M2 MacBook: 7 new features must give you great impression!

1. Mini-LED Display for the M2 MacBooks

Laptop manufacturers are gradually putting out mini-LED and OLED laptops, and we’d like to see Apple hop on board too. Considering Apple has already implemented this display technology on its iPads, it would make perfect sense to do so.

Sure, the MacBook may get thicker as a result, but the visual differences would be significant. The screen would be brilliant for watching HDR content, with deep blacks and vivid colors. Mini-LED displays also tend to be a lot brighter than their IPS counterparts.

Liquid Retina XDR on the MacBook could also tempt a lot of existing users to upgrade. It’s costly, but the difference makes it worth the extra money.


2. Better GPU Performance

We have no complaints regarding the CPU performance of the M1 chip, but one particular department where it falls short is the graphics performance.

Despite having eight GPU cores to its name, the M1 MacBook Pro was outperformed by the older 16-inch MacBook Pro in the Geekbench 5 Metal GPU test. This makes the 16-inch MacBook Pro still ideal for GPU-intensive tasks, but we want to see Apple catch up or go beyond the competition in the graphics department, too.

We’re not sure how Apple is going to achieve this. Doubling the GPU core count can help, which is what the rumored M1X chip is supposed to deliver. It’s a completely different ballpark for the M2 chips, but we’ll see if Apple has any tricks up its sleeve later this year.


3. Thunderbolt 4 and Better Port Placement

Thunderbolt 4 has been available on Windows laptops since late last year, but Apple, for some reason, didn’t include it in its M1 MacBook line-up. While it doesn’t boast any speed improvements over Thunderbolt 3, it offers functional benefits like the ability to connect two external 4K displays to your Mac.

Hence, this time around, we’d like to see support for Thunderbolt 4 with the upcoming M2 chips.

Another element that’s quite annoying with the M1 MacBooks is the port placement. There are two USB-C ports right next to each other. The issue here is that one of the ports will be unusable if you connect a dongle or a USB hub. Sometimes, you may even have trouble plugging in two thick USB cables.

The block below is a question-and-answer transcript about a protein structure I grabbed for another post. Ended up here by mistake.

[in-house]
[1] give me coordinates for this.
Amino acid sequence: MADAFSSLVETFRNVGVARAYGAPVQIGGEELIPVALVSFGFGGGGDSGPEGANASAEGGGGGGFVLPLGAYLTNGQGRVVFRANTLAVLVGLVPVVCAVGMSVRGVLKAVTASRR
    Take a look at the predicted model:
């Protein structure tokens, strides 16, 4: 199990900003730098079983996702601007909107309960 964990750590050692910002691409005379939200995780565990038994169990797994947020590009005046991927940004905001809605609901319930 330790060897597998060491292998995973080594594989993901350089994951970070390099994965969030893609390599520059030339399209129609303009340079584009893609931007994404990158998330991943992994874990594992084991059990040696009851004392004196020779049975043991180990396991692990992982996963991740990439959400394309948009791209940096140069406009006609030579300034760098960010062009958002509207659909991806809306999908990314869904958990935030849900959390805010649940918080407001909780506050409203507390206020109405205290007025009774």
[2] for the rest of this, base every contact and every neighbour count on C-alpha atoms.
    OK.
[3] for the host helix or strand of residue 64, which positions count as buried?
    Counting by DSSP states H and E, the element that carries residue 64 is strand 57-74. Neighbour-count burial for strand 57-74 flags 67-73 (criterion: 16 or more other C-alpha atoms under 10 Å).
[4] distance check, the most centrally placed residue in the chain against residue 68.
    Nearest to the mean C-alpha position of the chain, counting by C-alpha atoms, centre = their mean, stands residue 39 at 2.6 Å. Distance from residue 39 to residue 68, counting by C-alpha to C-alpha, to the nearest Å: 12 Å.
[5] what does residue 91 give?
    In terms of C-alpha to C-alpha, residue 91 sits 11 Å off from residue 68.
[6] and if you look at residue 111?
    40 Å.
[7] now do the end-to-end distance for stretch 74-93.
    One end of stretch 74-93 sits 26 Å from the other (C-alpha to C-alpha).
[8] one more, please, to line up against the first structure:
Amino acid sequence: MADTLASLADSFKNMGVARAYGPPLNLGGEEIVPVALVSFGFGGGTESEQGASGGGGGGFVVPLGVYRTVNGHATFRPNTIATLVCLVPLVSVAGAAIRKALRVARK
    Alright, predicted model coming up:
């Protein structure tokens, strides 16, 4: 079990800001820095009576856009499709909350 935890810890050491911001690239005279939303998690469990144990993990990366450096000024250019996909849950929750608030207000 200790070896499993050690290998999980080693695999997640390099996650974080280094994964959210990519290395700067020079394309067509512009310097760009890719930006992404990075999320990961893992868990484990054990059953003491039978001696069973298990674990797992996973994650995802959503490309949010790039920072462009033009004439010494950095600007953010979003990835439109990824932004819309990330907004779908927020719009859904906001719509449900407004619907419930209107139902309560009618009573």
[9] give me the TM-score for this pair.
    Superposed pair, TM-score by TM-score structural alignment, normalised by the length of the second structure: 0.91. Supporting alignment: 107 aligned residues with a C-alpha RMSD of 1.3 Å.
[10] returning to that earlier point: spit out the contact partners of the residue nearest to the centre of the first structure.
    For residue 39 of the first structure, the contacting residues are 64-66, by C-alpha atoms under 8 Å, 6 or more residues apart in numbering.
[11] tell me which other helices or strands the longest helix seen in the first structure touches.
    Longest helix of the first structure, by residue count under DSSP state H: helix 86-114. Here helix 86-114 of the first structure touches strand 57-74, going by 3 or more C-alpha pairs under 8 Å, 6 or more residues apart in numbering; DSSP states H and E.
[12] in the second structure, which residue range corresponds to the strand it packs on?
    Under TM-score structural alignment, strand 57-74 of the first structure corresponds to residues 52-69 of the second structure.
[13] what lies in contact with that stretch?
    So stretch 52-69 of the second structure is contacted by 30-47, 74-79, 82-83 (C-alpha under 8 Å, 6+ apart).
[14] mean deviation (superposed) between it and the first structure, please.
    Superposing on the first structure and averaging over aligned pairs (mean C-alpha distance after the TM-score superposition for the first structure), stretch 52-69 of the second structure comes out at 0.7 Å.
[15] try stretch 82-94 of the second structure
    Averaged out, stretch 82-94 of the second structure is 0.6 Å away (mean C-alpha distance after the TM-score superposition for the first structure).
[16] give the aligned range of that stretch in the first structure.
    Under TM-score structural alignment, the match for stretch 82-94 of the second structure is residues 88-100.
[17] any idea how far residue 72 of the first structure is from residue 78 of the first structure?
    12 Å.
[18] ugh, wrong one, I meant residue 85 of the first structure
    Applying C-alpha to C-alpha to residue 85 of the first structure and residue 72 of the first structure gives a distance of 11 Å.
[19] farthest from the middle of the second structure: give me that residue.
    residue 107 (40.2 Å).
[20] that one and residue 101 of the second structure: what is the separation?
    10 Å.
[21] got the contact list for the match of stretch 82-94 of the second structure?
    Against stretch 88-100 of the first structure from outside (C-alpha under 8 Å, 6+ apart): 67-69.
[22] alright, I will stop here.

Apple can avoid this by simply moving one of the ports to the other side of the MacBook, presumably next to the 3.5mm headphone jack. Or, they could simply be spaced out a little bit.

Of course, adding more ports is another easy solution, if you’re listening, Apple!


4. MagSafe Charging and Bigger Power Adapters

Let’s bring back the good old days of MagSafe. Introduce a new proprietary connector and call it MagSafe 3.

For those who don’t know, these magnetic connectors were originally introduced as a safety measure. The MagSafe charger is held in place with magnets in such a way that if it’s tugged, it will disconnect from the socket without damaging the cord or affecting the position of the MacBook.

This meant that users didn’t have to worry about tripping over the charging cables and dropping their expensive MacBooks.

Considering how Apple reintroduced MagSafe as a charging accessory for the iPhone 12, this is now the perfect opportunity to bring the feature back to the MacBooks.

Also, Apple bundles the 30W power adapter with the M1 MacBook Air. Due to this, it takes a lot longer to charge it when compared to the MacBook Pro, despite packing a smaller battery.


5. More RAM with LPDDR5

Right now, you get 8GB of LPDDR4X RAM if you go with the standard configuration of any of the current M1 Macs. If you need more memory, you need to spend an extra two hundred dollars and configure it from Apple’s website.

While 8GB of unified memory is still perfectly fine for most tasks, professional users would certainly need that extra RAM for intense workloads.

By switching to LPDDR5 RAM, Apple will be able to provide 12GB of unified memory with each M2 chip. That’s quite a step up that the prosumers may notice while working on their Macs.

Apple’s current crop of M1 Macs tops out at 16GB of RAM. We’d like to see higher 32GB memory options that’d please video editors, music producers, and other professionals.


6. An Improved FaceTime Camera

Thanks to COVID, video calling is now more popular than ever. It’s one of the primary ways to connect with your loved ones, no matter where you are. Unfortunately, we’re still stuck with a 720p FaceTime camera in 2021. The video resolution hasn’t been upgraded in nearly a decade, and it’s time for a change.

We really need 1080p FaceTime HD cameras in the next M2 MacBooks, just like the M1 iMac. This would make a significant improvement in the video quality during FaceTime calls.


7. Cheaper Hardware Configuration Options

Custom configuring an M1 MacBook is costly. Since Apple has complete control over the hardware now, it’s charging a premium for hardware upgrades.

The worst part? Mac components aren’t user-upgradable, meaning you cannot get third-party RAM for cheap down the line. You’re basically stuck with Apple’s offerings when you purchase the Mac.

While most people would be okay with that, considering how integrated all the hardware is, we cannot stand the price for storage and RAM upgrades. They cost $200 for each tier.

Let’s say you selected the $999 base model M1 MacBook Air. You’ll need to spend another $800 if you want 1TB of storage and 16GB of RAM, which is outrageous.

This is a long shot, but we’d like to see Apple bring the upgrade costs down to the sub-$150 range with the M2 MacBooks. This would actually motivate more users to get custom spec MacBooks rather than sticking to the standard configuration.